On April 18, 1948, he went to the Homer G. Phillips Hospital and the records of that institution show that he was treated for hypertension and heart disease up to April 29 of the same year when he was discharged as improved. He was again admitted to this hospital on May 29 and died on June 5, 1948, of "luetic heart disease with decompensation" according to the hospital records. The death certificate used the same words in stating the cause of death.
A Dr. Goldman testified on behalf of the defendant. He had never treated the insured but he explained the hospital records and concluded from their examination that Russell had died of heart disease which might have been either hypertensive or luetic.
The original application for the insurance signed by the insured and made a part of the policy was in evidence and contains the following waiver: "I expressly waive, on behalf of myself and of any person who shall have or claim any interest in any policy issued hereunder all provisions of law forbidding any physician or other person who has attended or examined me or who may hereafter attend or examine me, from disclosing any knowledge or information acquired thereby, and I hereby expressly authorize such physician or other person to make such disclosures."
The first point raised by this appeal is not clearly stated but the appellant apparently considers the death certificate incompetent evidence. No objection was made to its introduction and it is in all respects in proper form. Section 17, Vol. 2, p. 241, Laws of Mo. 1947, Mo.R.S.A. § 9783.16, provides that such certificates shall be prima facie evidence of the facts stated in them and the certificate was competent evidence for the purpose of showing the fact and cause of death. Randolph v. Supreme Liberty Life Ins. Co., 359 Mo. 251, 221 S.W.2d 155.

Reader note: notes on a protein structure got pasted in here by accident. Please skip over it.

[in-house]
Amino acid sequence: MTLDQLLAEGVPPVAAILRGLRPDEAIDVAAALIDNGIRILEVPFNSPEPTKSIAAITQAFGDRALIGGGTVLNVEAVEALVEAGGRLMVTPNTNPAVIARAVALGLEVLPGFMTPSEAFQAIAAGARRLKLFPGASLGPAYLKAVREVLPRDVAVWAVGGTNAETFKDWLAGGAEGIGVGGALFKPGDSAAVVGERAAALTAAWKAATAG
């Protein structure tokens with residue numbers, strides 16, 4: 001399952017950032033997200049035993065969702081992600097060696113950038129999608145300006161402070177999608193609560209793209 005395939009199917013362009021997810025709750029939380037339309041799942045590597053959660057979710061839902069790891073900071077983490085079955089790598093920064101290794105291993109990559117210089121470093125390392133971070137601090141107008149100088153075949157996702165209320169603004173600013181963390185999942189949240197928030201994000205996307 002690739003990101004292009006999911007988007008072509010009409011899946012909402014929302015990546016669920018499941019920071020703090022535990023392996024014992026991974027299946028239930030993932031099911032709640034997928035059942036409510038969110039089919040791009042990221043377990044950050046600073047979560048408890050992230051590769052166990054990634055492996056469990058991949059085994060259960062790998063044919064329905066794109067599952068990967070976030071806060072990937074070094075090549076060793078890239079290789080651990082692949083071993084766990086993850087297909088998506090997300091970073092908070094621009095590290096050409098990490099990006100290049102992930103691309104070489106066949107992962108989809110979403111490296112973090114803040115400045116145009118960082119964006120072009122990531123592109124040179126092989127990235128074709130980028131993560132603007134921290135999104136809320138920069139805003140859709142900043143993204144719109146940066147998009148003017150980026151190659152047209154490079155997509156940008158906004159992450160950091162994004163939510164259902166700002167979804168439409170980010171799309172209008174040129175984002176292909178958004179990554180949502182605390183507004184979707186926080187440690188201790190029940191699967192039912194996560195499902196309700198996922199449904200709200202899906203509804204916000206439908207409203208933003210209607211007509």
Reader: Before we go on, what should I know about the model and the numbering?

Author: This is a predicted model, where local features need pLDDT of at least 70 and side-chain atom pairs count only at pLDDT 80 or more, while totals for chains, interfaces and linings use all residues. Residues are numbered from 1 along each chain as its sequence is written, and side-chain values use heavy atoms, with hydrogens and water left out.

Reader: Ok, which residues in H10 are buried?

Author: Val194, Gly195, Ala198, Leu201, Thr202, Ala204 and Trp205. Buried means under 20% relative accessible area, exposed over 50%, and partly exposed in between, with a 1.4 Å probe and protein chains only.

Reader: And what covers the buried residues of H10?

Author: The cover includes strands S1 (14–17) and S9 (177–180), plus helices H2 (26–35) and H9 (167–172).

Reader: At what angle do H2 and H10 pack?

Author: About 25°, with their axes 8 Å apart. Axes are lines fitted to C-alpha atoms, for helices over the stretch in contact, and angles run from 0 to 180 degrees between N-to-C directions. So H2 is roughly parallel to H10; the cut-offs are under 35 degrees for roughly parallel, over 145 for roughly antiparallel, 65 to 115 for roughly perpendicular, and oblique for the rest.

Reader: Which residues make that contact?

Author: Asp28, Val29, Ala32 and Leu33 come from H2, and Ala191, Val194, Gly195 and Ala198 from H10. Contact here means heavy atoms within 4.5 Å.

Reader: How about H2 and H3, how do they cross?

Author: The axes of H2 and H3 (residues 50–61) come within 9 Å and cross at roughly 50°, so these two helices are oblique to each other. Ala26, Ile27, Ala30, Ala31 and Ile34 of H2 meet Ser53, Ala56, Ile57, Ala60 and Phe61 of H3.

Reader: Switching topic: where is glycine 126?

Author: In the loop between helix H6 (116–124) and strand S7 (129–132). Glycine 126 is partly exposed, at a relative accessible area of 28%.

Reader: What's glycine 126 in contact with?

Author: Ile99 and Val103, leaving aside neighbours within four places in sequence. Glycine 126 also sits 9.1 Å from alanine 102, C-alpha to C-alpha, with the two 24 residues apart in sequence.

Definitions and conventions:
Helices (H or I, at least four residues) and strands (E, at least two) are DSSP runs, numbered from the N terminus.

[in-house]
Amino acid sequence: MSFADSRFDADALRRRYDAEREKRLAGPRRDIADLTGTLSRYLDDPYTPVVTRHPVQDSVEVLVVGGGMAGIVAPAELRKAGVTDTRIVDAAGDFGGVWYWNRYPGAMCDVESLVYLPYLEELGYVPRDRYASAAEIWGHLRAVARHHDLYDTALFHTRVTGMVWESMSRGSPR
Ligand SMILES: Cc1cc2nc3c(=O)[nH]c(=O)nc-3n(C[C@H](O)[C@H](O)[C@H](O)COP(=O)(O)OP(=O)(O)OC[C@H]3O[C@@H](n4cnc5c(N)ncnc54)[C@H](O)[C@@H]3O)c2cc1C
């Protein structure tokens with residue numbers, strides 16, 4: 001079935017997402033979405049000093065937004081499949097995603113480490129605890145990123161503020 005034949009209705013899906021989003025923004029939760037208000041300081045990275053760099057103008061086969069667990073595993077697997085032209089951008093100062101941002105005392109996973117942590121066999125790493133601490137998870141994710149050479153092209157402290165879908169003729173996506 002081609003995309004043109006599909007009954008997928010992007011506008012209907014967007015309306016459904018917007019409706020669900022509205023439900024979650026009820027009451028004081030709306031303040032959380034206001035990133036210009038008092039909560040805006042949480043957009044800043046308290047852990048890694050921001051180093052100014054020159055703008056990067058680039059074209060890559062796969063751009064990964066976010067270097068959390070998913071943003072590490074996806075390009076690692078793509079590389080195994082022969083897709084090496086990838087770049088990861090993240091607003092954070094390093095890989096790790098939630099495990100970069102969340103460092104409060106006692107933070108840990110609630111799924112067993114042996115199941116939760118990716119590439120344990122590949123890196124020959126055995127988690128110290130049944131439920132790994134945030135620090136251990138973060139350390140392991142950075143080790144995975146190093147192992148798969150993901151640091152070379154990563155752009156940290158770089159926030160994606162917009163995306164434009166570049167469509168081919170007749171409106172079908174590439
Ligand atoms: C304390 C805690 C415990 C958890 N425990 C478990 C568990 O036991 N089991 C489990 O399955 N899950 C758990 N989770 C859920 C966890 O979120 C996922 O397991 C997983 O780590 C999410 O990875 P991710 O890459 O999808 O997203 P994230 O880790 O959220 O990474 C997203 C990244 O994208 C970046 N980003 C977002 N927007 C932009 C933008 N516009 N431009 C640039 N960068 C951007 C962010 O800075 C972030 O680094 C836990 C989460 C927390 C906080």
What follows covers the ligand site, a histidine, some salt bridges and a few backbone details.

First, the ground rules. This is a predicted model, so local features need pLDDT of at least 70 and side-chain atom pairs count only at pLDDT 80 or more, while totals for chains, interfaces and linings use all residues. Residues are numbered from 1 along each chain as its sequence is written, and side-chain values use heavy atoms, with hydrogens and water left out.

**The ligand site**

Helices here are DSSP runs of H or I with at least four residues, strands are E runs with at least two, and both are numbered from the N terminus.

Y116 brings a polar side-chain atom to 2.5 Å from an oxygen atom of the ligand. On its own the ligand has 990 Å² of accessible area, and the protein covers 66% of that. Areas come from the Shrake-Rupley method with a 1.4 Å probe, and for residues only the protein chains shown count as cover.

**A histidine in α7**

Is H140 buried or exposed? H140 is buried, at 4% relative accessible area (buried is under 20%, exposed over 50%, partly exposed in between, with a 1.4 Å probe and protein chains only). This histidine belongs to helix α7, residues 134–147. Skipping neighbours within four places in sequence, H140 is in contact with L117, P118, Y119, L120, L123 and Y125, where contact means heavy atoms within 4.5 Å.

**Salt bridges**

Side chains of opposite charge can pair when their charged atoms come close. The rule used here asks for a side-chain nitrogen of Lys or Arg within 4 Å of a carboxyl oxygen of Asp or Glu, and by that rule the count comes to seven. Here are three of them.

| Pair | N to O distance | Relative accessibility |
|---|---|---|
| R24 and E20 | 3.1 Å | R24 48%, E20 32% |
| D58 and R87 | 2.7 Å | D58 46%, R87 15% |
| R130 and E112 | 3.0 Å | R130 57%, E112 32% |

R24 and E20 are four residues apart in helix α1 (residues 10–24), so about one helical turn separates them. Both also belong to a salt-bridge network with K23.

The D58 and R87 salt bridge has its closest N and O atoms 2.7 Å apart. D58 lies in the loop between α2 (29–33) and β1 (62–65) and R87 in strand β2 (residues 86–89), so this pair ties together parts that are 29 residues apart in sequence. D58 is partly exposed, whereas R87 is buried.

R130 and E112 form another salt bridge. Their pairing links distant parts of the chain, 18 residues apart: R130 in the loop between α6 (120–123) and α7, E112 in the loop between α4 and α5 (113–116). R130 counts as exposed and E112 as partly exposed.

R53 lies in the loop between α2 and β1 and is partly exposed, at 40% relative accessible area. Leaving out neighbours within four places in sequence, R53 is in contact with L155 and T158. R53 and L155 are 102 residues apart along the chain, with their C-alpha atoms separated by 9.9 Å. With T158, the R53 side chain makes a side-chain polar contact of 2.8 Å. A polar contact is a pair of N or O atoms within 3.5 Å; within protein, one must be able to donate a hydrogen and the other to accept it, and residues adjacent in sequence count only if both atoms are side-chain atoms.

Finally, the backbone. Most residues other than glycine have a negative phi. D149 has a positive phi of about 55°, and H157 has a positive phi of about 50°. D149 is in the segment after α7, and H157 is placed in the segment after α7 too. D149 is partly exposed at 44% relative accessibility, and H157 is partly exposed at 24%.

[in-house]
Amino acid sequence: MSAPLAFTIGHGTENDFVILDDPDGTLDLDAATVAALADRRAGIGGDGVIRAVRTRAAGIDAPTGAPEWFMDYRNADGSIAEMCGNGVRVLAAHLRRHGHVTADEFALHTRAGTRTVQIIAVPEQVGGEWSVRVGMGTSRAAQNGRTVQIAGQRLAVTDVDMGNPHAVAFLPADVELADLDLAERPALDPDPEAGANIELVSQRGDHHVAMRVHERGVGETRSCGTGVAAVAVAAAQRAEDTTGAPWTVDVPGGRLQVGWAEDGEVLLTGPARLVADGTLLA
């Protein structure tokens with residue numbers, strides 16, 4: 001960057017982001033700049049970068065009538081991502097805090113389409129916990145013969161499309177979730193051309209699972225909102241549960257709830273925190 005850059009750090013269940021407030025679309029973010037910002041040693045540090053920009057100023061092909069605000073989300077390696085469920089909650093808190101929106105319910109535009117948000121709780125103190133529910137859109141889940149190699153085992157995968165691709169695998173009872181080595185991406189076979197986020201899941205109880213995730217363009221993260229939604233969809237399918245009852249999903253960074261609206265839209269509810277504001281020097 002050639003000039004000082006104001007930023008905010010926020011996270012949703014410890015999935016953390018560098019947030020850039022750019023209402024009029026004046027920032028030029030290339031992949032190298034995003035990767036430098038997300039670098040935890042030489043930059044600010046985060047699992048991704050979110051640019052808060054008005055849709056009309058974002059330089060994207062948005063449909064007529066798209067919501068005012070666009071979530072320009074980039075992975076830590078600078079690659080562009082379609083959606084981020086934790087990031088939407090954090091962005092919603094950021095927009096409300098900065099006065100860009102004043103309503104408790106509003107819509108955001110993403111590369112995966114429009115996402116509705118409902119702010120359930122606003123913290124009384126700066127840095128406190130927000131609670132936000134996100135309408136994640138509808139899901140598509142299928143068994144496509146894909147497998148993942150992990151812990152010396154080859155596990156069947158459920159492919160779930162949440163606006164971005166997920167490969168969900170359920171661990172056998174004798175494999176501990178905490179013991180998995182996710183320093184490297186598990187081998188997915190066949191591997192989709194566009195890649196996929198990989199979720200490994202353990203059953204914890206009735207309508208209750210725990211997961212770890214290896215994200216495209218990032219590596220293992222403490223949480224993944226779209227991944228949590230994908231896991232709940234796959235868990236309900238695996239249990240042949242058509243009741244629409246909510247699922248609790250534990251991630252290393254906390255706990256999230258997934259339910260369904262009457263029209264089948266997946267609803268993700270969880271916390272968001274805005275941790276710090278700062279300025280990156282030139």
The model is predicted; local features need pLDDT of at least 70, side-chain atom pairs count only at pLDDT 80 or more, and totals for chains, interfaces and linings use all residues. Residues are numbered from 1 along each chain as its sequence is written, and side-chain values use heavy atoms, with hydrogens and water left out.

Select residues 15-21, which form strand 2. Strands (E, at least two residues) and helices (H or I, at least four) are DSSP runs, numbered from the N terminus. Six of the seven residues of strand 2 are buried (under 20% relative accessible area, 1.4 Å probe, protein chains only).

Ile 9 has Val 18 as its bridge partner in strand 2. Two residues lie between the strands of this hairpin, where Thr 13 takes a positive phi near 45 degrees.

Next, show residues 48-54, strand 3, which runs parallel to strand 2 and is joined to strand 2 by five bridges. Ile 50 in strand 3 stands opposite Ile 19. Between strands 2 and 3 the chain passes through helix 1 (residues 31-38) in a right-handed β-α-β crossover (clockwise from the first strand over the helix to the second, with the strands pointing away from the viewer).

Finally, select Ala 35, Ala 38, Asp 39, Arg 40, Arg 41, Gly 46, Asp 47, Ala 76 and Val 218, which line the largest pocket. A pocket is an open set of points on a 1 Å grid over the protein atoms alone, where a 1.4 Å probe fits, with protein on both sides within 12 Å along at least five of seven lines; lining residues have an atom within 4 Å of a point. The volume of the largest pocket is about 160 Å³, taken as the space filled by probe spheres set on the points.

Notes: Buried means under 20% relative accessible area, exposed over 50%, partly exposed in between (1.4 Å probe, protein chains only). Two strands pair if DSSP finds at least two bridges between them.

It is also contended that the hospital records were erroneously admitted in evidence over an objection to them on the ground that they were privileged communications. The privilege extended to communications between physician and patient is statutory. Sec. 1895, R.S.Mo. 1939, Mo. R.S.A. Sec. 1895. It may be waived by the patient calling the physician to testify regarding facts embraced within the statute and it may also be expressly waived by contract as in this case. Our Supreme Court stated in Epstein v. Pennsylvania Railroad Co., 250 Mo. 1, loc. cit. 21, 156 S.W. 699, 705, 48 L.R.A., N.S., 394, Ann.Cas. 1915A, 423, "The patient may waive the privilege by calling his physician as a witness; the insured may waive the privilege, in any subsequent action, by contract in the policy of insurance." See also Keller v. Home Life Ins. Co., 95 Mo.App. 627, 69 S.W. 612; Hicks v. Metropolitan Life Ins. Co., 196 Mo.App. 162, 190 S.W. 661; Cromeenes v. Sovereign Camp of Woodmen of the World, 205 Mo.App. 419, 224 S.W. 15.
It was admitted that the records introduced were the records of the Washington University Clinic and the Homer G. Phillips Hospital and since plaintiff's only objection was that the records were privileged communications they were properly allowed in evidence by the trial court, in view of the waiver contained in the insurance contract.
Hospital records, when they are required by law to be kept, are admissible in evidence as an exception to the hearsay rule. Galli v. Wells, 209 Mo.App. 460, 239 S.W. 894; Shaw v. American Insurance Union, Mo.App., 33 S.W.2d 1052; Smith v. Missouri Ins. Co., Mo.App., 60 S.W.2d 730; Hendricks v. National Life Accident Ins. Co., Mo.App., 210 S.W.2d 706.